The secret to improve your business writing
Tl;DR* Business writing can accelerate your career as it’s a force multiplier for your judgement. Clarity and influence make your writing better, and the principles you need to apply are summarized in this post.
Isn’t it weird that we send 300 billion e-mails per day, and yet no one ever taught us how to write one effectively? Same goes for a presentation, report or project summary.
How much business effort and resources are lost because of miscommunication? In the information age, business writing is the leverage to get more things done, to persuade people, and to align any organization.
Therefore, professionals that master business writing boost their influence in the company and accelerate their career growth. The question is how to do it better?
Business writing is about clarity and influence.
1. Clarity means simple and to the point:
- Avoid additional words and unnecessary jargon. Don’t say “he was very excited” instead of “he was excited”. Or “let’s get the ball rolling” instead of “let’s start”;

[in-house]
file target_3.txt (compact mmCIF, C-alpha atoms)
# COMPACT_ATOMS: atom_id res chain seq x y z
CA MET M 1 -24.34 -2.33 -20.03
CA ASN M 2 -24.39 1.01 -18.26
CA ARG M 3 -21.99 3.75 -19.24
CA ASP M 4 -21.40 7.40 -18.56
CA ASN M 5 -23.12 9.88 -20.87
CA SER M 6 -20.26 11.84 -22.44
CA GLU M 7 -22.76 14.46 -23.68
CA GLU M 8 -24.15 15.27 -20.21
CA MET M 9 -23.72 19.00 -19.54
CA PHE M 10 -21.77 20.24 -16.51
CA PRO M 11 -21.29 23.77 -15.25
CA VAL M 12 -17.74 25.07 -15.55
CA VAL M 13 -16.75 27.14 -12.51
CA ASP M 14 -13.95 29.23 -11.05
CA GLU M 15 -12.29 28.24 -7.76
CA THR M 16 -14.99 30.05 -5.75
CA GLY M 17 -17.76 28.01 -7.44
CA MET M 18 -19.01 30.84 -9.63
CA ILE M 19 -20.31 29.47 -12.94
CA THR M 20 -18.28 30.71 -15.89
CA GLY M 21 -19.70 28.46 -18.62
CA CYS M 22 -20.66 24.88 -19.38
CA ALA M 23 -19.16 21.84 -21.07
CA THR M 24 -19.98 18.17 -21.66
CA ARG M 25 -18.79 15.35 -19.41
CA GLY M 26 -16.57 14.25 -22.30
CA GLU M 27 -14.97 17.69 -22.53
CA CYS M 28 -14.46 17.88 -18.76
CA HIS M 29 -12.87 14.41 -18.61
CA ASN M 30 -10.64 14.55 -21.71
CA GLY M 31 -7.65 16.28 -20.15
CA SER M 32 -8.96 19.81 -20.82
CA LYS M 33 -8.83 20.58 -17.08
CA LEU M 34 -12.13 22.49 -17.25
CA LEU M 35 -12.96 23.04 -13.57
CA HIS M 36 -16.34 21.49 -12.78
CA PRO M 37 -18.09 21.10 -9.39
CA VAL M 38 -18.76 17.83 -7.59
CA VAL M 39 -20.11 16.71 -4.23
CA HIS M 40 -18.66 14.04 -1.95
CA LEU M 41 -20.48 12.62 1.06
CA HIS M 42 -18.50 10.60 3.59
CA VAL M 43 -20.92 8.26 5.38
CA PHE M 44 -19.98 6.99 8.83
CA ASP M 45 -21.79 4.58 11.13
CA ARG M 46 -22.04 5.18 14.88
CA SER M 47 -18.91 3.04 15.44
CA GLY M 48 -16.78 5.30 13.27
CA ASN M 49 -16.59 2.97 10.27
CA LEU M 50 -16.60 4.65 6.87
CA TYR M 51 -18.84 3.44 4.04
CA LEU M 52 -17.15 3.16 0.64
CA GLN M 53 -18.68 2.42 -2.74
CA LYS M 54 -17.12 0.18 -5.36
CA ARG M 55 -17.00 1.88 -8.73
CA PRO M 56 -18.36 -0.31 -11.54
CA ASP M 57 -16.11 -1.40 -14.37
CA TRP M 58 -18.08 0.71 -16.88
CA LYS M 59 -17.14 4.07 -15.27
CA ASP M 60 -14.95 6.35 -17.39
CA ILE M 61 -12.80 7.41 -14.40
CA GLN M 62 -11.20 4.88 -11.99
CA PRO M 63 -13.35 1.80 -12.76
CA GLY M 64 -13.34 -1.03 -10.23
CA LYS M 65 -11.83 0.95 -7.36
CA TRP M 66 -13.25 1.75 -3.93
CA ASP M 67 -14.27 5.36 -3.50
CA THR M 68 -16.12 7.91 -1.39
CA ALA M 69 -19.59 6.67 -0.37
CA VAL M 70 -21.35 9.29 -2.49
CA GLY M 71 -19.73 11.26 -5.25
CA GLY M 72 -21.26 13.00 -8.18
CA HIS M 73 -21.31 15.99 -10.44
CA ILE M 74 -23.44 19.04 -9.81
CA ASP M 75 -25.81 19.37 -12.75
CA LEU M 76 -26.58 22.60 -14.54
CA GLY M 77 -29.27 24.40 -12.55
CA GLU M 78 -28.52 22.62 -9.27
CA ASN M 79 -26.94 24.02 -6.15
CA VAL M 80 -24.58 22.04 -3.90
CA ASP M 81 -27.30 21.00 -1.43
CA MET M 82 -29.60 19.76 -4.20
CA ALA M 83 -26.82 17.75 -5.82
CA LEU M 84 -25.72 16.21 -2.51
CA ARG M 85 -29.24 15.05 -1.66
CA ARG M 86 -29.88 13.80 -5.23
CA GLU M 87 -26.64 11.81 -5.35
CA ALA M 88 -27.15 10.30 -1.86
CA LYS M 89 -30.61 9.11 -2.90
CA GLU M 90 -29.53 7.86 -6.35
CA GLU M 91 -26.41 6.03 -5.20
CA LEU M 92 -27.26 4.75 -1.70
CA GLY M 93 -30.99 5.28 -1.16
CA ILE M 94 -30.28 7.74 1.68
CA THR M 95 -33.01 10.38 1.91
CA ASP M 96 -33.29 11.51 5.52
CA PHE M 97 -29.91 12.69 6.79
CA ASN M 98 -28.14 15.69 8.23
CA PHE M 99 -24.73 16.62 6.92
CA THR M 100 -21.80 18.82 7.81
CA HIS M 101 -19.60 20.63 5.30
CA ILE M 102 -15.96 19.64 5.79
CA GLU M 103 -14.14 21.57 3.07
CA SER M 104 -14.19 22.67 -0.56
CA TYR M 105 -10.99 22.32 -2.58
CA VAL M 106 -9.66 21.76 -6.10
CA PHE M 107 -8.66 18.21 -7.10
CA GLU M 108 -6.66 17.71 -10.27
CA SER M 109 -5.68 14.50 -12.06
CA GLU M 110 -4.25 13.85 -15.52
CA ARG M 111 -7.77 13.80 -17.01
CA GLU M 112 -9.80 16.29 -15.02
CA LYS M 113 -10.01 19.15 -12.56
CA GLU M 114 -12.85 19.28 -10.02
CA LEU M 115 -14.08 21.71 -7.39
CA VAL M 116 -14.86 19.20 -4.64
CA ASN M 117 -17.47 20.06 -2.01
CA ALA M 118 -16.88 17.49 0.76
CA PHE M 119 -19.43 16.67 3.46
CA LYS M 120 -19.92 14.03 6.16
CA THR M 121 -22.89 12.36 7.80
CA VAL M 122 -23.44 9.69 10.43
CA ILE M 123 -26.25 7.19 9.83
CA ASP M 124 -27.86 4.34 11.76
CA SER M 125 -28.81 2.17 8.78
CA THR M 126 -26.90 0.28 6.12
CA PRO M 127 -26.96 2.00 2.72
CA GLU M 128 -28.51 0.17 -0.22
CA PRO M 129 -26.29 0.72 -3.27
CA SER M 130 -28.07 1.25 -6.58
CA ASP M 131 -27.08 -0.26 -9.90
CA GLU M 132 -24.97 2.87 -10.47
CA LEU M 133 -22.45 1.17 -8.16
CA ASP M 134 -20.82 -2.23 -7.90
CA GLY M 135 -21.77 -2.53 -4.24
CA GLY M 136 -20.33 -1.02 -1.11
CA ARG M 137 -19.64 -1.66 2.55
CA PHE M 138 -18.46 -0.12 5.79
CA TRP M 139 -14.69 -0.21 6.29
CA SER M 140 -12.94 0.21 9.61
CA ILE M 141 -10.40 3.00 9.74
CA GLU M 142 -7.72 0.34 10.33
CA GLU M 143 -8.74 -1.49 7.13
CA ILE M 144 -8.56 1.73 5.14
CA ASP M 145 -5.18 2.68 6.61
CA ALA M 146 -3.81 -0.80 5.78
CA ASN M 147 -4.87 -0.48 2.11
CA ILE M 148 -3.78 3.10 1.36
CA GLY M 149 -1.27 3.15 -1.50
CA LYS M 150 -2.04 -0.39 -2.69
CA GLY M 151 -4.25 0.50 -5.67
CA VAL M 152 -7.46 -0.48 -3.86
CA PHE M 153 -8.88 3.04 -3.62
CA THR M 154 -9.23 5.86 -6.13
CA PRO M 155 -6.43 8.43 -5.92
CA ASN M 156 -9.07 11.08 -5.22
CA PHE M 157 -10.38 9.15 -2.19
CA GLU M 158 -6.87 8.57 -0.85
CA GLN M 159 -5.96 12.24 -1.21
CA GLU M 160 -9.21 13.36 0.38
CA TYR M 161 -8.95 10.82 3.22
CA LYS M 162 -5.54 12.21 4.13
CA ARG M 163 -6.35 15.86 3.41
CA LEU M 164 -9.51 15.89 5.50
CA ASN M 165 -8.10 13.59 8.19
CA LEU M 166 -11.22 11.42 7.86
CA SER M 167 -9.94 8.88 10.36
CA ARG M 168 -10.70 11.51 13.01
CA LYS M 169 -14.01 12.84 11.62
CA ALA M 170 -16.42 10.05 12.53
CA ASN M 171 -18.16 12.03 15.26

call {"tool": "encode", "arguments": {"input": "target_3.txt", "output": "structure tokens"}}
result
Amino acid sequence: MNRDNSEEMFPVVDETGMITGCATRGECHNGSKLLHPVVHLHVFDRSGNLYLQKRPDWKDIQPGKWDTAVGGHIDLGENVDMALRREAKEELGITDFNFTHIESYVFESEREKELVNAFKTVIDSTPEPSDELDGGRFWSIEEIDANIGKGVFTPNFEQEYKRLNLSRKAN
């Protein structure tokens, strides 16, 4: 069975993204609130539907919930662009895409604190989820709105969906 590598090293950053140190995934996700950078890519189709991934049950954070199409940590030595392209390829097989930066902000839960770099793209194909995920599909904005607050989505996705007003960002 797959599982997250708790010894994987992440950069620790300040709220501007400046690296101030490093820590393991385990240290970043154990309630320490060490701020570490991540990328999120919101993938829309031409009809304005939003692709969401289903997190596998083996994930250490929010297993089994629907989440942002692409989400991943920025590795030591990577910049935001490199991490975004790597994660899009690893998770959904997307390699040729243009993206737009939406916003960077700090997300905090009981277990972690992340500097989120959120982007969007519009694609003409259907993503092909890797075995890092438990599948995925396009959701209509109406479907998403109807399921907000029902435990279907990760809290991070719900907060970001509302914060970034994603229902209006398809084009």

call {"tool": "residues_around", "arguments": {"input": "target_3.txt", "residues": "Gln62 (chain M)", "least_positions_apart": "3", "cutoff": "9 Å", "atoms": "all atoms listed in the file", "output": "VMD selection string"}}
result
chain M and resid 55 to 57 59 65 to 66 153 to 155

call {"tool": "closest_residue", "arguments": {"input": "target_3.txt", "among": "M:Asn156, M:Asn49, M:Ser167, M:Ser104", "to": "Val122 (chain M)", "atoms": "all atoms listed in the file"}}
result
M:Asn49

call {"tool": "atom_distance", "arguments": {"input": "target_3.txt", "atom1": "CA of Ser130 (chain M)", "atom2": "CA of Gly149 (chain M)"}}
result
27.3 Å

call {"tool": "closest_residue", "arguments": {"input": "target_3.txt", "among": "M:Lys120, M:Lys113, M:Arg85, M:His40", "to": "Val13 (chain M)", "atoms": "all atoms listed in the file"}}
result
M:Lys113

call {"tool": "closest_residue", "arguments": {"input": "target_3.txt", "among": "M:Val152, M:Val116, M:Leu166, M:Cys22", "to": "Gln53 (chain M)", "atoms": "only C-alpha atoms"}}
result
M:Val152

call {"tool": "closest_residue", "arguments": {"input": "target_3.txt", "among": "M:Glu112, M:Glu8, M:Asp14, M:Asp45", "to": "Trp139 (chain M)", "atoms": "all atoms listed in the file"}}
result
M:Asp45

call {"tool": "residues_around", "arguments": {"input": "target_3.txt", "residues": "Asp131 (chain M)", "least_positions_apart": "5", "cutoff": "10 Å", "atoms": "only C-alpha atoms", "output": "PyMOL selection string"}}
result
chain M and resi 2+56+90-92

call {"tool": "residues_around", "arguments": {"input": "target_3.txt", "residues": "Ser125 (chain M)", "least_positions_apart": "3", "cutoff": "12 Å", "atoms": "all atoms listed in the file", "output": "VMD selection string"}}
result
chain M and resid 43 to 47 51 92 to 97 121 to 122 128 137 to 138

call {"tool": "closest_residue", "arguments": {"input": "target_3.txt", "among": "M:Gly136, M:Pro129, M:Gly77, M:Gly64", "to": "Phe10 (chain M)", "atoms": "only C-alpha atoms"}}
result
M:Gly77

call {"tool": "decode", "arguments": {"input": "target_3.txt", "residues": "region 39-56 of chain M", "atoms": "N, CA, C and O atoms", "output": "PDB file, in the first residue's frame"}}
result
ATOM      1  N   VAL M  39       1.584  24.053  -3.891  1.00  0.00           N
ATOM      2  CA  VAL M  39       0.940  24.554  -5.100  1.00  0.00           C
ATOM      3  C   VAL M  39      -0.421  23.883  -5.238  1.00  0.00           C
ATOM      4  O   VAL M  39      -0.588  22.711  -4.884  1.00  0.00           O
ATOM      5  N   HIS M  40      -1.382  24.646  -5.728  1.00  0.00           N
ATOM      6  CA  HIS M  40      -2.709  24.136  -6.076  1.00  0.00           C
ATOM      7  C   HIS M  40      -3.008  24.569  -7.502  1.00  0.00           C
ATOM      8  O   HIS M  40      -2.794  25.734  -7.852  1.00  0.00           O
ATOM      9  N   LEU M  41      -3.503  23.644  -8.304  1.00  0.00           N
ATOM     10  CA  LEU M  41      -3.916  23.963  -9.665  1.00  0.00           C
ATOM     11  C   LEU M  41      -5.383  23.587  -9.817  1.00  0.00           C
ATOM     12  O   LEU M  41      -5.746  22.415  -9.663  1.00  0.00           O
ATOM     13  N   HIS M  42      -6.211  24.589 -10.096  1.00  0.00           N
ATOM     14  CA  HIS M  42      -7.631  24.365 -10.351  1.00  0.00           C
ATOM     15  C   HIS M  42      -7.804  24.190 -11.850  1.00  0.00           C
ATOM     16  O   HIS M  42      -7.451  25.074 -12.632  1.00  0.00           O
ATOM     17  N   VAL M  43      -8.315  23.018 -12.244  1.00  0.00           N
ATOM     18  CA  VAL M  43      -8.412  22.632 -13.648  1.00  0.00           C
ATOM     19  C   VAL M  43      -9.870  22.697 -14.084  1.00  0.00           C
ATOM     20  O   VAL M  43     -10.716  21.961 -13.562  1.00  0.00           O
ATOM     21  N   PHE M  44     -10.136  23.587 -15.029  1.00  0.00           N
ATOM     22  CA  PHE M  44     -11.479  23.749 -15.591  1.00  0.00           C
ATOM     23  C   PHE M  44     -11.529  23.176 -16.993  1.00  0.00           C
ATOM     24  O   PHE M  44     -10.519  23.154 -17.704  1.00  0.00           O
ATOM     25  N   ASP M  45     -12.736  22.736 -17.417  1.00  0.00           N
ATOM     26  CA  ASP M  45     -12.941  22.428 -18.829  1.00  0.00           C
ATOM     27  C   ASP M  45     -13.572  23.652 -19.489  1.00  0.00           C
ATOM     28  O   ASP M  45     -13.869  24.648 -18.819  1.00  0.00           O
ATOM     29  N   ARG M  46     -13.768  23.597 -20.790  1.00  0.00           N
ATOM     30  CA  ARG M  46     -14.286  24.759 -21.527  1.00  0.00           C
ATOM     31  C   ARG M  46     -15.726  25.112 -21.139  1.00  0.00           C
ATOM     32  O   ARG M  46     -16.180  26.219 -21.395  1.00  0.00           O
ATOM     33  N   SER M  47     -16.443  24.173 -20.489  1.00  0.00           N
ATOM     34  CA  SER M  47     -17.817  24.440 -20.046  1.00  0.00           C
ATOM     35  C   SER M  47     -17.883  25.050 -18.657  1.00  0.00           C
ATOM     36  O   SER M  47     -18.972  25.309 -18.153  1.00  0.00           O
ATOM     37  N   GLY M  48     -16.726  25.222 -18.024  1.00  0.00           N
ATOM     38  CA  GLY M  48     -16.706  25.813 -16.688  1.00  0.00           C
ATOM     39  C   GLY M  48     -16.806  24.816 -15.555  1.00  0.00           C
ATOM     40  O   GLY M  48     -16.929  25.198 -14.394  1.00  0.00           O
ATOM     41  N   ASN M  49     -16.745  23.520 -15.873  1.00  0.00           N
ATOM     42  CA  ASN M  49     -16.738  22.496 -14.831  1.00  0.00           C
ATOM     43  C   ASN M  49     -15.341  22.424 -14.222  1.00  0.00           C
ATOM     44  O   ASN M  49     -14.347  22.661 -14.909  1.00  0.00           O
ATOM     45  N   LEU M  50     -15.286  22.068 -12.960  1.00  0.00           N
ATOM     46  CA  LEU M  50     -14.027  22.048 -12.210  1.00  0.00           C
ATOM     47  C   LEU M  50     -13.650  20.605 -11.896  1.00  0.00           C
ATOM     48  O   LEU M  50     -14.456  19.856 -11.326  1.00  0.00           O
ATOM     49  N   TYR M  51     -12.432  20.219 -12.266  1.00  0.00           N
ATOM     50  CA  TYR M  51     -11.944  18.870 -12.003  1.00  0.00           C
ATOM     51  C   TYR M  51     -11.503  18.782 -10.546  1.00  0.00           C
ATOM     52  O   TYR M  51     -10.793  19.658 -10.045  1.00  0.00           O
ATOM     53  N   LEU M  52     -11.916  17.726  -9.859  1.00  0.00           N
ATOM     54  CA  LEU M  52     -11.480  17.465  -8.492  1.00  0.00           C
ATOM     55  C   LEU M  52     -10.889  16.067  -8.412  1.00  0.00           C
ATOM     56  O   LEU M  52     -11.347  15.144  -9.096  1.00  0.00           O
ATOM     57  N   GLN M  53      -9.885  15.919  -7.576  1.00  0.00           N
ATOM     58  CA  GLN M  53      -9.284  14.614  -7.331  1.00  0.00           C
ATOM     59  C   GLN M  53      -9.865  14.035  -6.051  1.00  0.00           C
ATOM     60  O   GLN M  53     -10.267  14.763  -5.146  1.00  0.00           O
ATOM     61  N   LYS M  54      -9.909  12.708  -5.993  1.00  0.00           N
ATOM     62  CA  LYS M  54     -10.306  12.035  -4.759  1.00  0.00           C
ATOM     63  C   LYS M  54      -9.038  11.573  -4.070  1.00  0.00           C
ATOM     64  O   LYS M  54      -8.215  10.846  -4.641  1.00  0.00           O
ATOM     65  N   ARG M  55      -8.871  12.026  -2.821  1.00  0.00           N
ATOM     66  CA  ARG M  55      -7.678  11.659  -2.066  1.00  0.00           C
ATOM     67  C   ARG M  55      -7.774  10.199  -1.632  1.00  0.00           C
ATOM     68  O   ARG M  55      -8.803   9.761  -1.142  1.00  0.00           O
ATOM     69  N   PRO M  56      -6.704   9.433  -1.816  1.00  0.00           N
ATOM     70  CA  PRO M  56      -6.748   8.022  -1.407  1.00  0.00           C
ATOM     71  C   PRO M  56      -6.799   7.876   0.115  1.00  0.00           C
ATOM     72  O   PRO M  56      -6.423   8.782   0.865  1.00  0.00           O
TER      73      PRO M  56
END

- Write short sentences;
- Keep one idea per phrase;
- Structure the message (most important thing goes first, bullet points, highlights, etc.);
2. Influence means making someone do or believe something:
- Define your communication objective (informational, actionable, educational, inspirational);
- Label the subject line accordingly: “FYI” (for your information), “Action/Reply Required”, “Invitation”, etc.;
- Use the apropiate tone and voice;
- Have a specific ask and conclusion (e.g. “Please reply by Wednesday, 25th of August, at 14:00”);
Incorporate these principles in your business writing to make it 10x better. And remember that just the removal of the unnecessary is already enough to improve the effectiveness of your writing.
Interested to explore this topic more in depth? Engage with my social post and let me know your thoughts and feedback.
*TL;DR is used as a summary at the beginning of longer e-mails, and it means: Too Long; Didn’t Read;
P.S. Post inspired by Scott Adams’s “The day you became a better writer”